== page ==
3. Use your social media. There may well be ways to self-promote without social media, but I’ve been an internet junkie since 1991, so that’s what I know. I was hesitant to get on Twitter because I thought (ironically, in this context) that I’d be uncomfortable being so public, but it turns out to enrich my life immeasurably. Because I reach out to follow people, to comment, to join a conversation, to try to be helpful or kind. Because I ask for help, and the angelic legions of the internet are there. I’m not saying it has to be Twitter — tweet, blog, Facebook, LinkedIn, RSS, whatever works for you. And use the technical aspects as well: find ways to synchronize the content you care about, automate your egosurfing, fall wildly in love with site stats and analytics (and use them to find, and reach out to, your audience).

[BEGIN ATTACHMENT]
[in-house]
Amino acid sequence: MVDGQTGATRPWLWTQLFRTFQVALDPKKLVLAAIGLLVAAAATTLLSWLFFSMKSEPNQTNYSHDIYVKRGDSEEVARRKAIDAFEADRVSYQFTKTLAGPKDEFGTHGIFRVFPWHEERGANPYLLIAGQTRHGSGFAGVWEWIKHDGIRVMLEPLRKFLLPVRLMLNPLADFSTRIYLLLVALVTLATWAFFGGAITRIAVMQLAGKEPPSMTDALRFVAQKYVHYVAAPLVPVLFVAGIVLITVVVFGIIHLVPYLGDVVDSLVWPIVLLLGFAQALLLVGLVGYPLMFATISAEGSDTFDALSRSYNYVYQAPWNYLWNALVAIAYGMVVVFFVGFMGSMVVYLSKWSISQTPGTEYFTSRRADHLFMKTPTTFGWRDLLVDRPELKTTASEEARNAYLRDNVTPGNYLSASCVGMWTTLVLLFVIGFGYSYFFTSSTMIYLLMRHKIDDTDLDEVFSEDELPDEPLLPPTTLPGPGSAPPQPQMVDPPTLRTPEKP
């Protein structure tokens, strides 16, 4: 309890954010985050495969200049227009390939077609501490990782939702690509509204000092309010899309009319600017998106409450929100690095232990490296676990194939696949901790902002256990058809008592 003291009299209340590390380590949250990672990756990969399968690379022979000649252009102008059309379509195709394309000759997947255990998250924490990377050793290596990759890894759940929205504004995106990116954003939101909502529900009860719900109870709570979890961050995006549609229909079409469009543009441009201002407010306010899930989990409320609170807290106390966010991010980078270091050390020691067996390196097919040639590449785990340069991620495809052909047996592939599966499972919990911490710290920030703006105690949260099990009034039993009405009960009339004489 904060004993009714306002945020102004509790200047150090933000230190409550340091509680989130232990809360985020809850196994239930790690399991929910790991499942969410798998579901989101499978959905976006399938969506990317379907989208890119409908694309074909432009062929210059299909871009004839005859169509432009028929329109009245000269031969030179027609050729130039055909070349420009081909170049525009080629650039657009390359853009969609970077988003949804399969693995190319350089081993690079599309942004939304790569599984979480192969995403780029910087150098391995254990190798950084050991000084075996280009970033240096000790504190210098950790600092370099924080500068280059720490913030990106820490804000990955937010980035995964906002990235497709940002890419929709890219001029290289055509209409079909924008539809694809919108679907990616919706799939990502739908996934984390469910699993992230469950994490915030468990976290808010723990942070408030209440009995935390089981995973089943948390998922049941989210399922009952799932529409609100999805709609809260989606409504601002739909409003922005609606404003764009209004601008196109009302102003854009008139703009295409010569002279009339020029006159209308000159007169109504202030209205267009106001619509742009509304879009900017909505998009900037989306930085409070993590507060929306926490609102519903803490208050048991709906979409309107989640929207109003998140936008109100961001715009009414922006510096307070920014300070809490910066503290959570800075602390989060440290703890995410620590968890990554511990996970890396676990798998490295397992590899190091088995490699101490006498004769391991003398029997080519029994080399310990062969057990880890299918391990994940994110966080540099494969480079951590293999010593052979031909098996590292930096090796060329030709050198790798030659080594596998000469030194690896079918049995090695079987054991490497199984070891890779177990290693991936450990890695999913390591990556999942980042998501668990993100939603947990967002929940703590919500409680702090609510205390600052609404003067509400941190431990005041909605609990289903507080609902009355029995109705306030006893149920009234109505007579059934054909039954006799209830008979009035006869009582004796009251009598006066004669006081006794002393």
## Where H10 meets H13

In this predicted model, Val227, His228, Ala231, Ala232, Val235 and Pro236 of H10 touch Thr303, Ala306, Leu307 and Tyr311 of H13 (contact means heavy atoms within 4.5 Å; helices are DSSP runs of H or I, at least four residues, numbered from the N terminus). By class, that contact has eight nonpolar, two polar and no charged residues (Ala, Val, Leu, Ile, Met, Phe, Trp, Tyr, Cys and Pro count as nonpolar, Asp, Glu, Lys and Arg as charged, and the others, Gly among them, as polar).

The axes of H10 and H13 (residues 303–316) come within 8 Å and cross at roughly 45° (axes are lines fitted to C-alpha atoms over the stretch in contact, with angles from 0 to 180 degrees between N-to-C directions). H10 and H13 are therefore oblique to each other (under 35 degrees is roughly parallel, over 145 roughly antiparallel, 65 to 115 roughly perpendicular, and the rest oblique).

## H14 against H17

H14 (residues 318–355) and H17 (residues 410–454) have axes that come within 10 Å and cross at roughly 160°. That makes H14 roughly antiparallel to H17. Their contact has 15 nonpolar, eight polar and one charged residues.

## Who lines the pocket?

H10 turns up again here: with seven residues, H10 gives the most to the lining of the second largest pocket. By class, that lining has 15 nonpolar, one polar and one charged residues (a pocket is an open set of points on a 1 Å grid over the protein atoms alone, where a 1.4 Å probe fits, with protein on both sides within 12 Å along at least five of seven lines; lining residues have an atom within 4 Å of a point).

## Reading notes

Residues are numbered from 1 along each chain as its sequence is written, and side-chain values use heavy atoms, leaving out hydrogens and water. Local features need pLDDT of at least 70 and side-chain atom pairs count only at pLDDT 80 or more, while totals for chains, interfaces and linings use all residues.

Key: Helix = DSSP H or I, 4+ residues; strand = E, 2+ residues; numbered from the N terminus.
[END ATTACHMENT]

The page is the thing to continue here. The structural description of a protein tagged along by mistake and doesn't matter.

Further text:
4. Say yes to things. Not everything, because that way lies the crazy. But volunteer, or get professionally involved, or turn your class projects into published works, or find things that need doing at your work and do them — something to go beyond the minimum. And when someone interesting asks you to do something relevant that’s maybe a little wild and crazy and outside your comfort zone, don’t think about it long enough for the self-doubt to sink in. Say yes.
  5. Be helpful. Be kind. Look, don’t be that guy who only talks to people when you want something from them. That’s obnoxious. You want people to give you the aforementioned opportunities, be the kind of person they want to give them to.